Molecular Simulation of Oxygen Permeation through Ionomer in Catalyst Layer

Tuesday, 7 October 2014
Expo Center, 1st Floor, Center and Right Foyers (Moon Palace Resort)
Y. Kurihara, T. Mabuchi, and T. Tokumasu (Tohoku University)

Polymer electrolyte fuel cell (PEFC) is focused as a next-generation energy conversion system. In particular, PEFC is expected as an electrical power unit of automobile, a home electrical power supply and so on because it has high power density and high efficiency. The chemical reactions in PEFC, that is, dissociation reaction of hydrogen and water-generating reaction, occur on catalysts. In catalyst layers (CLs), there are Pt catalysts on supported carbon and ionomer films which cover the surface of those particles. Ionomer is composed of polymer electrolyte membrane (PEM), hydronium ions and water molecules. As ionomer becomes thick, proton transfer performance improves. Meanwhile, oxygen permeability decreases in cathode side. It is therefore required to find the condition in which both performances have good efficiency. These phenomena occur in microscopic structures, and it is difficult to analyze by experiments. For this reason, simulation is better than experiment for analytical approaches.

In this study, we simulated a system of CLs of the cathode side by molecular dynamics simulation. In particular, we made a system of ionomer on Pt surface, and we calculated the number of permeated oxygen molecules in the ionomer, the density distribution of oxygen in the system and so on. Using these results, we analyzed oxygen permeability in the ionomer.

Simulation method

We simulated the system that is ionomer on Pt surface with DREIDING force field. Perfluorosulfonic acid (PESA) membranes, including Nafion developed by DuPont, are used worldwide for PEM. In addition to Nafion, we used hydrocarbon which is low-cost alternative to PFSA membranes. Firstly, all components of ionomer are set at random in the simulation domain, and then the system reaches to equilibrium state by annealing. Secondly, Pt surface is placed in the bottom of the domain, and the equilibrium ionomer membrane is set onto the surface. After that, the system reaches to equilibrium state by annealing again. In addition to this system, the gas region for oxygen molecules is set above the ionomer on Pt surface. We considered that all the oxygen molecules dissociate on Pt surface and that the reaction occurs much faster compared with its dissolution or diffusion. In actual phenomenon, dissociated oxygen molecules react with protons and electrons, and then water molecules ejected at an instant. In this simulation, oxygen molecules can pass through the Pt surface and return to the gas region to prevent the oxygen molecules from accumulating on the Pt surface. The pressures are set at 10 MPa in the gas region and 0 MPa in the bottom of the domain, respectively. The number of oxygen molecules is adjusted to be kept these pressures so that the mass flux of oxygen gases is kept constant in ionomer.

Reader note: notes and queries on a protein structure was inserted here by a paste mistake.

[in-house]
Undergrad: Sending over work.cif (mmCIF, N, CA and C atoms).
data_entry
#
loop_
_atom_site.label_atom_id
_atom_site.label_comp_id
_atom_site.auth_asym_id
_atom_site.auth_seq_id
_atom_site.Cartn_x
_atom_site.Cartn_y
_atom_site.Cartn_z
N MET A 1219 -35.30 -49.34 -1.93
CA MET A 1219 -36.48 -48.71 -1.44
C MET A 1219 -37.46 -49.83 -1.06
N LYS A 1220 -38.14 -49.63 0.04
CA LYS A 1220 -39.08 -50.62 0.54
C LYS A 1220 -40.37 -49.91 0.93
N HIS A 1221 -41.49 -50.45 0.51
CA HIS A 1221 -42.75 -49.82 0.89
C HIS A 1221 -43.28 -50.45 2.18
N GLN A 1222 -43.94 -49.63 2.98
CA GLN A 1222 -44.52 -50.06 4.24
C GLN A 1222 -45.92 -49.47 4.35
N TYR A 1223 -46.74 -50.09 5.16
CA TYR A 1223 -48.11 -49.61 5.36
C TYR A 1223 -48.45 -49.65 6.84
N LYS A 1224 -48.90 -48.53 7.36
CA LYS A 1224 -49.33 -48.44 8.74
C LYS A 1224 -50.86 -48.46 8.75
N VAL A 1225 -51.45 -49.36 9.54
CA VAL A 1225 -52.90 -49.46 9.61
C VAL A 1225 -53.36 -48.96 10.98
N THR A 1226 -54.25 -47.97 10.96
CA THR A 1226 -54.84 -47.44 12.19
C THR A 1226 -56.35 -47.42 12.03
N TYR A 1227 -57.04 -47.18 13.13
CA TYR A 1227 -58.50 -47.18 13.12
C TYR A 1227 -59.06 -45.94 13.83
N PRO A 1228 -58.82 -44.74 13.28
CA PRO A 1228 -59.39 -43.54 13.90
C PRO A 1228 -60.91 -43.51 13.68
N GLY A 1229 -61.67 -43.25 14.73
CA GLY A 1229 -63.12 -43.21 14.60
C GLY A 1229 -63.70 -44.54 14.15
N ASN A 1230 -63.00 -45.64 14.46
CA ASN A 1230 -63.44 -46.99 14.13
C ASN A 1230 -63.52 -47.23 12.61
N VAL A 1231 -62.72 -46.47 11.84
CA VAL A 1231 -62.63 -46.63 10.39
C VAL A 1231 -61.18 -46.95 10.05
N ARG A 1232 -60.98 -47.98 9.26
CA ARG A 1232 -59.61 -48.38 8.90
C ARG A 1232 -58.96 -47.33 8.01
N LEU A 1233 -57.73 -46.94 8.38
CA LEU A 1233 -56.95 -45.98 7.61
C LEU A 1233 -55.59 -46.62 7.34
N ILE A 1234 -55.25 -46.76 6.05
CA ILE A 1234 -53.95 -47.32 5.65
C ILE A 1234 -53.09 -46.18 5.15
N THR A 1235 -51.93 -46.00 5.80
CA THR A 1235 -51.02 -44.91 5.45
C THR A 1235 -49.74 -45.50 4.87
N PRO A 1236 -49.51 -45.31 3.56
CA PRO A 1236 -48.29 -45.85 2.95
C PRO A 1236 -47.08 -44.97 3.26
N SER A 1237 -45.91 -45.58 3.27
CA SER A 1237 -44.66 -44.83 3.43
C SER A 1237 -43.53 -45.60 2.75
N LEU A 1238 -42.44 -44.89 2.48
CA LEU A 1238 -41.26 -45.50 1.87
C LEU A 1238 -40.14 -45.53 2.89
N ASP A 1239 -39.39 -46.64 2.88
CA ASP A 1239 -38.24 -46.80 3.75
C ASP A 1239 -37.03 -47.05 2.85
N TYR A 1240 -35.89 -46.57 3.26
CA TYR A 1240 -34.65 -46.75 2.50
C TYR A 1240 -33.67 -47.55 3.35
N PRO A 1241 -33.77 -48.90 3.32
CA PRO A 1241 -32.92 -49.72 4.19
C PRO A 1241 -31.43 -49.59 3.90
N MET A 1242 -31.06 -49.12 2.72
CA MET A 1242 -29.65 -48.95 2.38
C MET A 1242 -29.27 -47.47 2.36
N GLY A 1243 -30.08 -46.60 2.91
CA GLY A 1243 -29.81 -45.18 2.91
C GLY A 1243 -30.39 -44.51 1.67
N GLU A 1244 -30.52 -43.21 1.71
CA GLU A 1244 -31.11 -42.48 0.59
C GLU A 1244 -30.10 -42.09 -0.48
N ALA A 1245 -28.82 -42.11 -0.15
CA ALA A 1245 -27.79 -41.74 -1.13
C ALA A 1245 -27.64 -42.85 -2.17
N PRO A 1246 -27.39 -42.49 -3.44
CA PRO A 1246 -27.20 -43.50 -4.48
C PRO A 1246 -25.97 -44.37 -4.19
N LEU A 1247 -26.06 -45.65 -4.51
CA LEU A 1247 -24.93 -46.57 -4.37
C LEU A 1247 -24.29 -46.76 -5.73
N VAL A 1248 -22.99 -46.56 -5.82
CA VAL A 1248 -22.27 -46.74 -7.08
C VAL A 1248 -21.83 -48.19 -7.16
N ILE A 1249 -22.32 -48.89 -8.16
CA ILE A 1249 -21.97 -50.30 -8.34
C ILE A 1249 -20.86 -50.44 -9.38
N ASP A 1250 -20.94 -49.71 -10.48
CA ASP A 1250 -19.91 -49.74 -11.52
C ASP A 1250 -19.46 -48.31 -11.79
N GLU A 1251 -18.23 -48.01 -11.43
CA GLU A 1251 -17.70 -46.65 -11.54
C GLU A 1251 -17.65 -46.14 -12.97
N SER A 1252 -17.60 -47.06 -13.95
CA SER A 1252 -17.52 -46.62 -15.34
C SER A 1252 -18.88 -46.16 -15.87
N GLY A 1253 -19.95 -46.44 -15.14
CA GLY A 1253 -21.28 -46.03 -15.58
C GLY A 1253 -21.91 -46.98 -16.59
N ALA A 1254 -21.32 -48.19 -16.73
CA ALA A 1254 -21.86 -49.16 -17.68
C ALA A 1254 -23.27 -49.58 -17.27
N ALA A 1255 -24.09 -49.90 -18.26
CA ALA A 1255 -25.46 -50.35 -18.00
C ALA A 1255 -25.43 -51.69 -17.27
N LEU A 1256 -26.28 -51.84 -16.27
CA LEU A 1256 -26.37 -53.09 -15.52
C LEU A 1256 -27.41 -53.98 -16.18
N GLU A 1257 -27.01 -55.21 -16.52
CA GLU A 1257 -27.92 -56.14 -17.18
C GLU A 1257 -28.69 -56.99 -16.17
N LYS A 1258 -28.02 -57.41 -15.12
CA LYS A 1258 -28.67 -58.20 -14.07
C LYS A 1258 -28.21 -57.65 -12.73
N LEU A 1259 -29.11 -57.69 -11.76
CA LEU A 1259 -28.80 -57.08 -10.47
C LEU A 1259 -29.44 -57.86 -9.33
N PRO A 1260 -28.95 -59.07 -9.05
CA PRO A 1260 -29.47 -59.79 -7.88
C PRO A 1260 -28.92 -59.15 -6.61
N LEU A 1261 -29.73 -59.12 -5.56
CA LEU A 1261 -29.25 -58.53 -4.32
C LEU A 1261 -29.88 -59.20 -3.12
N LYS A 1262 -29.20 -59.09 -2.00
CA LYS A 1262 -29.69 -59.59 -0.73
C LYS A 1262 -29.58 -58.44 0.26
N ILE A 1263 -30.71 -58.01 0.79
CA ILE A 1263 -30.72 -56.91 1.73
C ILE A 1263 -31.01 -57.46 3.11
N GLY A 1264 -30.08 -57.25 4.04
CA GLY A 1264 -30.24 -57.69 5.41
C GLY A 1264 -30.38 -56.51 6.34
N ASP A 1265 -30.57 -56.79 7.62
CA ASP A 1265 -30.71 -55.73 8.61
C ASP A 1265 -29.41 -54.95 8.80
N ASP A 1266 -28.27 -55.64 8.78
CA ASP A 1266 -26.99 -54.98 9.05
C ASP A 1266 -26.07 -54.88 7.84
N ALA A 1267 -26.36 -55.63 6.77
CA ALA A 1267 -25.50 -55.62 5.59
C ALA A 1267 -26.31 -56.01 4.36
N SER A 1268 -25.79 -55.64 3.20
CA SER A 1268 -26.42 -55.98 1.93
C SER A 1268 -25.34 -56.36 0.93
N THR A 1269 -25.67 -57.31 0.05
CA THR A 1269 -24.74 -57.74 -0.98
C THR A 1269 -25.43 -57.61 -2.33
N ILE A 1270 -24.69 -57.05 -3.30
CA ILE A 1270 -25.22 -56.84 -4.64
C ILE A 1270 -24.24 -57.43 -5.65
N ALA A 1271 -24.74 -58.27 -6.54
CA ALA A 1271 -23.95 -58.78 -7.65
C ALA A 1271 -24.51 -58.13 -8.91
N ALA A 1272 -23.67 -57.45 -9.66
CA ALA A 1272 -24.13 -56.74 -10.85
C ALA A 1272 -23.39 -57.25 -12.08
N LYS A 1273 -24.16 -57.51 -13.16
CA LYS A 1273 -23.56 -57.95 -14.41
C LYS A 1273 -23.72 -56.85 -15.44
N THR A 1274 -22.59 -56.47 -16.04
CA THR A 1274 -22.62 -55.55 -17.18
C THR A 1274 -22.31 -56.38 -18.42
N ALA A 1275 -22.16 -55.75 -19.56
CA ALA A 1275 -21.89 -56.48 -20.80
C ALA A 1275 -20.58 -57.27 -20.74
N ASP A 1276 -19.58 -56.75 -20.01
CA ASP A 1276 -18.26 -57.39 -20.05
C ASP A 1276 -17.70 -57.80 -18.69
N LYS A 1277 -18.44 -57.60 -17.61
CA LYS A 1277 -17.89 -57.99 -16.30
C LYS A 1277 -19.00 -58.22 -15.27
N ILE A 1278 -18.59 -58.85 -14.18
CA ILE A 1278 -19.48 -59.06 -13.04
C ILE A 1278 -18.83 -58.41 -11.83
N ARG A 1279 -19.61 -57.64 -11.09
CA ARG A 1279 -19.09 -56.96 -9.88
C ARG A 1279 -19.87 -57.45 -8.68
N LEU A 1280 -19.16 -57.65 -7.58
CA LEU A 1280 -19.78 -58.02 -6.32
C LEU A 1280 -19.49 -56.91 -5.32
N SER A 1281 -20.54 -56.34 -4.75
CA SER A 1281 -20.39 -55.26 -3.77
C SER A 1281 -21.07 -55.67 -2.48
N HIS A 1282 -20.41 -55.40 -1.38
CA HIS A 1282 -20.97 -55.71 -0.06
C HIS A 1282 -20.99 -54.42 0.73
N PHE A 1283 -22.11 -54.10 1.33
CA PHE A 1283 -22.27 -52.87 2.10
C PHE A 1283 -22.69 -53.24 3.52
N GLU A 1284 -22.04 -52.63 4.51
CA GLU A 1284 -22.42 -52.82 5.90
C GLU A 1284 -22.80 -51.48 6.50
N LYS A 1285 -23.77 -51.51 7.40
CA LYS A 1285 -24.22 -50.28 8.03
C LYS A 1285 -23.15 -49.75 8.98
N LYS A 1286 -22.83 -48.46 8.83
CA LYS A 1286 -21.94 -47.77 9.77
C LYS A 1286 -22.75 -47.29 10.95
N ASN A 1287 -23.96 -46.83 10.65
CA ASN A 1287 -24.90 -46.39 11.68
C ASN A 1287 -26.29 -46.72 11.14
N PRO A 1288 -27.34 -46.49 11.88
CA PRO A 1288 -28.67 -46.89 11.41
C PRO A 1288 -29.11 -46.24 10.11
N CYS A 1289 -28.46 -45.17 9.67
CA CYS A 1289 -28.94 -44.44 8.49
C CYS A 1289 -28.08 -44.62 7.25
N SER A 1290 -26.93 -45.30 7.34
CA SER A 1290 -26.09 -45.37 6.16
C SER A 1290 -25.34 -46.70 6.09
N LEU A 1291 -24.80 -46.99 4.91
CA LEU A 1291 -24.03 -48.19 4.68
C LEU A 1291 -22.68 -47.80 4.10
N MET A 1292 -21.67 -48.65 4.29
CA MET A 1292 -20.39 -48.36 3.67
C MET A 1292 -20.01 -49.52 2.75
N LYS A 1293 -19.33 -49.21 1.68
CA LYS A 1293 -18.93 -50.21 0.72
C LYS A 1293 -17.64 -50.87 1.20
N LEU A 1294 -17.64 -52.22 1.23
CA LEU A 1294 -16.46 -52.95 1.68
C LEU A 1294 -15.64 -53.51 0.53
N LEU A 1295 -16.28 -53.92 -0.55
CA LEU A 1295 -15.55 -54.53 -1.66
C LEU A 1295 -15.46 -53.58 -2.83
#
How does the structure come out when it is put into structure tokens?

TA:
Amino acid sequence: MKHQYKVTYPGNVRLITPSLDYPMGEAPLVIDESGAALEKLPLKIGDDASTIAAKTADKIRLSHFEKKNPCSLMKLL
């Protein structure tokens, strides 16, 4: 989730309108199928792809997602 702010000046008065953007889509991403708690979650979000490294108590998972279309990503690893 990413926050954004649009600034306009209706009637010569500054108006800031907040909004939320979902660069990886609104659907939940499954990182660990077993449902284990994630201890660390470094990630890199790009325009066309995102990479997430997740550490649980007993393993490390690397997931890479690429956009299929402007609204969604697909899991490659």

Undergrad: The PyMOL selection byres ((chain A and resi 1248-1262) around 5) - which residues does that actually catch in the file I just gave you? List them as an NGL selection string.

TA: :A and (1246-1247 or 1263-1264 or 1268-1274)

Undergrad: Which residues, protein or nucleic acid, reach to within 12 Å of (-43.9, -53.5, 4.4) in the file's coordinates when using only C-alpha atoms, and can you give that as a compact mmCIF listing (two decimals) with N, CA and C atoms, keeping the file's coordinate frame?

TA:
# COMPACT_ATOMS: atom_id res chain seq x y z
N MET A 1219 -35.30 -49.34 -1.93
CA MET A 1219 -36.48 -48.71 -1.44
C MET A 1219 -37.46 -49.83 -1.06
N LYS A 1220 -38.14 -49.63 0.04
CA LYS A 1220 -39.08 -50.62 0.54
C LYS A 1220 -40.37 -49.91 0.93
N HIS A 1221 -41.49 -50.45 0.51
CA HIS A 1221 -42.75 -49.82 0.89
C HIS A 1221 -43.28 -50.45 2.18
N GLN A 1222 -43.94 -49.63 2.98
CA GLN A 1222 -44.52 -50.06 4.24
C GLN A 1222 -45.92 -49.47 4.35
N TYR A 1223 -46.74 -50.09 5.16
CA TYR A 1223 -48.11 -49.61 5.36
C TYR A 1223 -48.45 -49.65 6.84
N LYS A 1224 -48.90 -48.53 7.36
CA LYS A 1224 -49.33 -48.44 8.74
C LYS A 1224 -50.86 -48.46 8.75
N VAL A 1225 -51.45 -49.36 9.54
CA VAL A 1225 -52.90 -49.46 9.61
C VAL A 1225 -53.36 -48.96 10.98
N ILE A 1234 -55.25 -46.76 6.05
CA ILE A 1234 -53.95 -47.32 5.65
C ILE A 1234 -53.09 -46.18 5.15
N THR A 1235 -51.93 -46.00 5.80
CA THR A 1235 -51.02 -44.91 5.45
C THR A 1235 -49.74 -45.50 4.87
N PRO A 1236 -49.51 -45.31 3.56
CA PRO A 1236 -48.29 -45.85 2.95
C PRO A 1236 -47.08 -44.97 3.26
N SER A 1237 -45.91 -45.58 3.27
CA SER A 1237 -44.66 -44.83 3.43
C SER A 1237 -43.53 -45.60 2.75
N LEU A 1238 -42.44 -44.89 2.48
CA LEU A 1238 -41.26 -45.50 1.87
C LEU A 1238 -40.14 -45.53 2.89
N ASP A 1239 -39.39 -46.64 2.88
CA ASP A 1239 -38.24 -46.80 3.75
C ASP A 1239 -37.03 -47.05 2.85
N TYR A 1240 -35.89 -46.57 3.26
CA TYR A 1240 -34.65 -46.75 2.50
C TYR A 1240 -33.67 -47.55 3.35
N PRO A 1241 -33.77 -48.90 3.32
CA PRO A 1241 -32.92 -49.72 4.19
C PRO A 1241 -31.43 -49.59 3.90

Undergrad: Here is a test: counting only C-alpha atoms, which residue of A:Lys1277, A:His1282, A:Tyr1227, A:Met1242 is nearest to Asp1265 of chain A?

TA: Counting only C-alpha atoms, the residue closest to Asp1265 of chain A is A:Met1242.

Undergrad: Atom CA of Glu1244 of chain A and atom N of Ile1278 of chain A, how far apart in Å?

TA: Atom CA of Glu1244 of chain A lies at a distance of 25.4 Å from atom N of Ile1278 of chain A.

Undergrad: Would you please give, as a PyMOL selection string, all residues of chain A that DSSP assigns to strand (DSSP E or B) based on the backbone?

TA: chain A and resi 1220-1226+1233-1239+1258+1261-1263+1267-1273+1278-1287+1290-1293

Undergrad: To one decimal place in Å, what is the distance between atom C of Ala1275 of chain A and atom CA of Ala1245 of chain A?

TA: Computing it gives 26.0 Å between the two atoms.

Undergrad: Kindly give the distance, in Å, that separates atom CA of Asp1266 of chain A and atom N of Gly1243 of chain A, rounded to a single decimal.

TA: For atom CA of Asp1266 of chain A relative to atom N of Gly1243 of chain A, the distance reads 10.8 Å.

Using this system, we sampled the number of permeated oxygen molecules in ionomer and calculated the density distribution of oxygen molecules with changing water content from 3 to 11. It is a parameter that means the ratio of the sum of water molecules and hydronium ions to the number of hydrophilic groups in side chains of the ionomer.

Results and Discussion

At the beginning, we sampled the number of permeated oxygen molecules in ionomer. It is the result that the permeability of oxygen decreases as water content increases in both Nafion-based ionomer and hydrocarbon-based ionomer.

Next, we sampled the number of water molecules in each ionomer. In ionomer composed of Nafion, the value increases according to water content in the entire region. On the other hand, in ionomer composed of hydrocarbon, the value increases in the bulk region and the ionomer-gas interface, while the value does not change in the ionomer-Pt interface.

In addition, the density distributions of oxygen molecules are shown in Fig. 1 and Fig. 2. The values decrease, as water content increases in both conditions. Moreover, the density distributions of Nafion, hydrocarbon, and water molecules in each ionomer are shown in Fig. 3 and Fig. 4. From these results, in Nafion-based ionomer, water molecules thrust into the void of the structure of Nafion in the ionomer-Pt interface, so the pathway for oxygen permeation decreases. In contrast, water molecules accumulate on hydrocarbon in ionomer-Pt interface, and they prevent oxygen molecules from permeating in hydrocarbon-based ionomer.

We have calculated the solubility of oxygen molecules in ionomer. It is associated with the appearance of the pathway, so we will research the oxygen permeability in ionomer more closely. And then we will compare the result of hydrocarbon-based ionomer with that of Nafion-based ionomer.